The final week of this Australian stint sees us move West along the coast from Adelaide to Melbourne where Fiona Tweedie is based. Her blog post reminds me why the digital humanities can be so much fun: we’re in for a week of Romans, hackathons, text-mining and Open Access!
Hello there. My name is Fiona Tweedie and I usually tweet as @FCTweedie, although you’ll sometimes find me over at @OKFNau and occasionally @ITS_Res (more on that later). I completed my PhD in Ancient History at the University of Sydney in 2009. My thesis looked at the relationships between Rome and the independent peoples of Italy and the place of the ‘Italian Question’ in Roman politics towards the end of the second century BCE (133-91, for any other Romanists out there!). I haven’t entirely abandoned the Romans and have managed to publish a few articles, but my quest for stable employment has taken me away from ‘straight’ academia.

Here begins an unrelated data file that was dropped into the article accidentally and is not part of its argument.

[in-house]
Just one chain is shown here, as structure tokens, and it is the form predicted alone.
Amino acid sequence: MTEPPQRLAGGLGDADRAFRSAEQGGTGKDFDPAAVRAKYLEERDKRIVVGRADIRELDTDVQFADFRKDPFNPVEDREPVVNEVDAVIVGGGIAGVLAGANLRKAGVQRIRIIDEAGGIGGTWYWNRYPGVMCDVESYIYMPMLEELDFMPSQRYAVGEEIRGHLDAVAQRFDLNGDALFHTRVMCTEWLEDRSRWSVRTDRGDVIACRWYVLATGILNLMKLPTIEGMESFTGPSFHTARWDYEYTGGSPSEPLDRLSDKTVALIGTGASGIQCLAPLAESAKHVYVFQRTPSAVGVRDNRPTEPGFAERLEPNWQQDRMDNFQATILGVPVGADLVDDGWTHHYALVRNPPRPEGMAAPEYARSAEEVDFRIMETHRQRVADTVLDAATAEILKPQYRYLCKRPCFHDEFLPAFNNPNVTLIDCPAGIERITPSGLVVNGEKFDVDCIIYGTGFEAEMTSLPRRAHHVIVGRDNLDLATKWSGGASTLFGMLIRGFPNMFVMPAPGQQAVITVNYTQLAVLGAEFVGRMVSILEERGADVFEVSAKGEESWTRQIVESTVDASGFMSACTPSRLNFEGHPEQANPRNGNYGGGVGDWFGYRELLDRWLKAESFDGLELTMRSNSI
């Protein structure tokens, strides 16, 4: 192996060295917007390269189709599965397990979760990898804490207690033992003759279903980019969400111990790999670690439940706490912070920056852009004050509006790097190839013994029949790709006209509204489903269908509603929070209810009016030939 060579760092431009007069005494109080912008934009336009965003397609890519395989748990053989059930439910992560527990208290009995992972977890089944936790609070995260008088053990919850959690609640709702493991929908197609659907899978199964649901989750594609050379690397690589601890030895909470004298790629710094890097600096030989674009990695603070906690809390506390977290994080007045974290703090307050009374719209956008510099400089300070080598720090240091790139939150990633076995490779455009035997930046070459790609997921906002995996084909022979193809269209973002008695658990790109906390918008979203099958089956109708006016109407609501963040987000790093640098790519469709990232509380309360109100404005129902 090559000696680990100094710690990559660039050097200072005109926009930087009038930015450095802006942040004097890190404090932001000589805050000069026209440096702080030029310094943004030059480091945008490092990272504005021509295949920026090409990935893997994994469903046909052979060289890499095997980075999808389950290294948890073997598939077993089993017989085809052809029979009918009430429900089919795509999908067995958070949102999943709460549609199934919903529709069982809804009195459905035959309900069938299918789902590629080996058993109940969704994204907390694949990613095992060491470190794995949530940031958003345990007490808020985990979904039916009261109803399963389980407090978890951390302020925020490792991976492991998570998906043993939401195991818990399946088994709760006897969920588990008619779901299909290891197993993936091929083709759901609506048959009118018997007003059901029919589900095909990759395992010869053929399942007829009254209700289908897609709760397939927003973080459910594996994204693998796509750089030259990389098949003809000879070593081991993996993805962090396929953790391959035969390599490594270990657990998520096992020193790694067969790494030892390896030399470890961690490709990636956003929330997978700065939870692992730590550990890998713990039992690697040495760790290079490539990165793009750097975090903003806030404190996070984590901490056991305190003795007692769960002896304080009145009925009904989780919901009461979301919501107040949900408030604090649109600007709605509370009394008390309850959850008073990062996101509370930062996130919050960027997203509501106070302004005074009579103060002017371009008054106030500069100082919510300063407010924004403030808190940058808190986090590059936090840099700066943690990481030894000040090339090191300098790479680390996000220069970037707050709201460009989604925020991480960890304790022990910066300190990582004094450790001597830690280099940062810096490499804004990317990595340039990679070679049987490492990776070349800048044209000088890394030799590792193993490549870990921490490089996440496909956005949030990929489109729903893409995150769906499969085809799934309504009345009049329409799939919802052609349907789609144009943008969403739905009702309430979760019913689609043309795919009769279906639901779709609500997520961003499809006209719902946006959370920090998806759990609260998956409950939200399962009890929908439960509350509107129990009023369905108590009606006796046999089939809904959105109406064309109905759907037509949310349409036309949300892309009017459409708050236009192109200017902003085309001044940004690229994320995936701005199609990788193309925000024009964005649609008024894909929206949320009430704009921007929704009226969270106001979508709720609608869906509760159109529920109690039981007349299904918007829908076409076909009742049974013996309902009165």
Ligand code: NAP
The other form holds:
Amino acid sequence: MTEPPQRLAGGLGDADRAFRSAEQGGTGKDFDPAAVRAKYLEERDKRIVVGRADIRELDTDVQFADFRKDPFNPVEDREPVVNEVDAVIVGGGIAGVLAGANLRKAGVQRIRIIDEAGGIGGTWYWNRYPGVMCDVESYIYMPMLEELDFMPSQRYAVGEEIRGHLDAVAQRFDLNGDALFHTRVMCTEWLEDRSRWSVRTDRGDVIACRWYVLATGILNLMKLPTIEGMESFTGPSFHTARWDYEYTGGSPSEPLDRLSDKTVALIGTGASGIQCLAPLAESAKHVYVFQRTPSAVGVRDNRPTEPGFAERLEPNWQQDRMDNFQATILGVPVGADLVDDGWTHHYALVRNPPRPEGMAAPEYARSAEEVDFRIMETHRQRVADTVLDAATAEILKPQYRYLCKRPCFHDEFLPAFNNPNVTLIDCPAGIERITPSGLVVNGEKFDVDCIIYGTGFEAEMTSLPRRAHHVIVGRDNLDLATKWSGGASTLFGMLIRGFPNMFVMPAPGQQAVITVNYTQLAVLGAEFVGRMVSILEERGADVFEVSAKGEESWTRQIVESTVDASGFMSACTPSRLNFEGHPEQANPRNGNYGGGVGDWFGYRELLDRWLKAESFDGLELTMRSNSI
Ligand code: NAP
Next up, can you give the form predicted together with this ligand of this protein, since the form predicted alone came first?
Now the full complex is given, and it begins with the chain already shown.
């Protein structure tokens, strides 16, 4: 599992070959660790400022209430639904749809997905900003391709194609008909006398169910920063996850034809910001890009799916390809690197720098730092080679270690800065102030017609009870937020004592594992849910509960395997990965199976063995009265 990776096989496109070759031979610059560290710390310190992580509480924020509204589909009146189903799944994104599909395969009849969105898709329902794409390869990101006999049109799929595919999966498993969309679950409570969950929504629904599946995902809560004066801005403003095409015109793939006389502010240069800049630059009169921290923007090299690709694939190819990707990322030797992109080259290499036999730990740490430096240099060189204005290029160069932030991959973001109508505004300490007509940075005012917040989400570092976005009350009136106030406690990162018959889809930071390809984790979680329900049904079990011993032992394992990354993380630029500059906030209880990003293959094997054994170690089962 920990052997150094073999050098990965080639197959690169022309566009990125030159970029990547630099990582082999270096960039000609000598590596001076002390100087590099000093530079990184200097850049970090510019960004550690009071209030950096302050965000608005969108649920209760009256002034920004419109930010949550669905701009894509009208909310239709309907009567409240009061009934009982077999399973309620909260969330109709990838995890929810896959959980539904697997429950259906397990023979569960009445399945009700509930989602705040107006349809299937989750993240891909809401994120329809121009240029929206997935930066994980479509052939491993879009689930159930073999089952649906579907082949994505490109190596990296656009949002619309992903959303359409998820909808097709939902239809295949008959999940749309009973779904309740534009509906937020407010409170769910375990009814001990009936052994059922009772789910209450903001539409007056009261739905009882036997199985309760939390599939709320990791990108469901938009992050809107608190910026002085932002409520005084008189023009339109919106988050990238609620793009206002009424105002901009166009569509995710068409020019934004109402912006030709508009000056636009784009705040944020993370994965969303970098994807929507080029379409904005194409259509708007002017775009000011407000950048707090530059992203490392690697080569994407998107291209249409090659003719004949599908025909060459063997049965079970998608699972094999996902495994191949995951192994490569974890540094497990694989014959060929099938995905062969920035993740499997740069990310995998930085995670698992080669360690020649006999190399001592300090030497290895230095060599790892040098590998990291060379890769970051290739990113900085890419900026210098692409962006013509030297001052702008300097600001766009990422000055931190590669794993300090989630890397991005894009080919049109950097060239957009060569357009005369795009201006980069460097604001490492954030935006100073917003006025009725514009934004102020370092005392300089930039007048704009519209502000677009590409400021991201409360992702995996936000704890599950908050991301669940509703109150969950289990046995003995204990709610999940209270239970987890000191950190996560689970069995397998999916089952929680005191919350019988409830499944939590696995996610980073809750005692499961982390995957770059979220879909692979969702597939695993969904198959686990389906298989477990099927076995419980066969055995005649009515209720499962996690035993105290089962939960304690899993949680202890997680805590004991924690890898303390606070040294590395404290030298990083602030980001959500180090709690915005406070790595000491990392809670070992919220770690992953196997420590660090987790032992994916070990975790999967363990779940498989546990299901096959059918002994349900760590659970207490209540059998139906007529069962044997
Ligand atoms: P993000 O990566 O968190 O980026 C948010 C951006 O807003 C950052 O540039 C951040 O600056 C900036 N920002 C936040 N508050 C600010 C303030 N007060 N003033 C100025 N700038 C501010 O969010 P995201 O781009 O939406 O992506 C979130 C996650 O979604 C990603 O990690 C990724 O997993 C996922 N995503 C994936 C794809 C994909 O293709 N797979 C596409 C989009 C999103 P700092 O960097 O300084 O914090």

Since graduating, I’ve mostly worked in the public sector as a researcher and policy adviser. While working at the Office of the Australian Information Commissioner, I discovered a passion for open data. Opening up government-held data for reuse by the community seemed both obvious but also incredibly exciting to me. Following this interest, I’ve joined the Open Knowledge Foundation in Australia as a local ambassador and board member and have now been involved in running several hackathons. My next goal is to up-skill enough to actually compete in one. I’d like to talk open access at some time during my week driving @WeTheHumanities, as I think that a lot of the models are very science-driven and (as is often the case) not a great fit for humanities.
Since February this year, I’ve been working for ITS Research at the University of Melbourne, a role that combines my background as a humanities researcher with my love of open knowledge and research technology. My job is to connect researchers to the tools that will make their lives easier and help them to ask bigger questions of their data. I work mainly with researchers in the humanities and social sciences, so I’ll be really interested to talk about digital humanities this week and hear about what you think it means and how you’re using digital tools to support your work. I’m particularly interested in text mining at the moment as I’m designing a course on it, so I’d love your input.
Like many of you, I also like books, knitting and tea. I’m looking forward to meeting you this week and having an excuse to further indulge my massive Twitter-habit.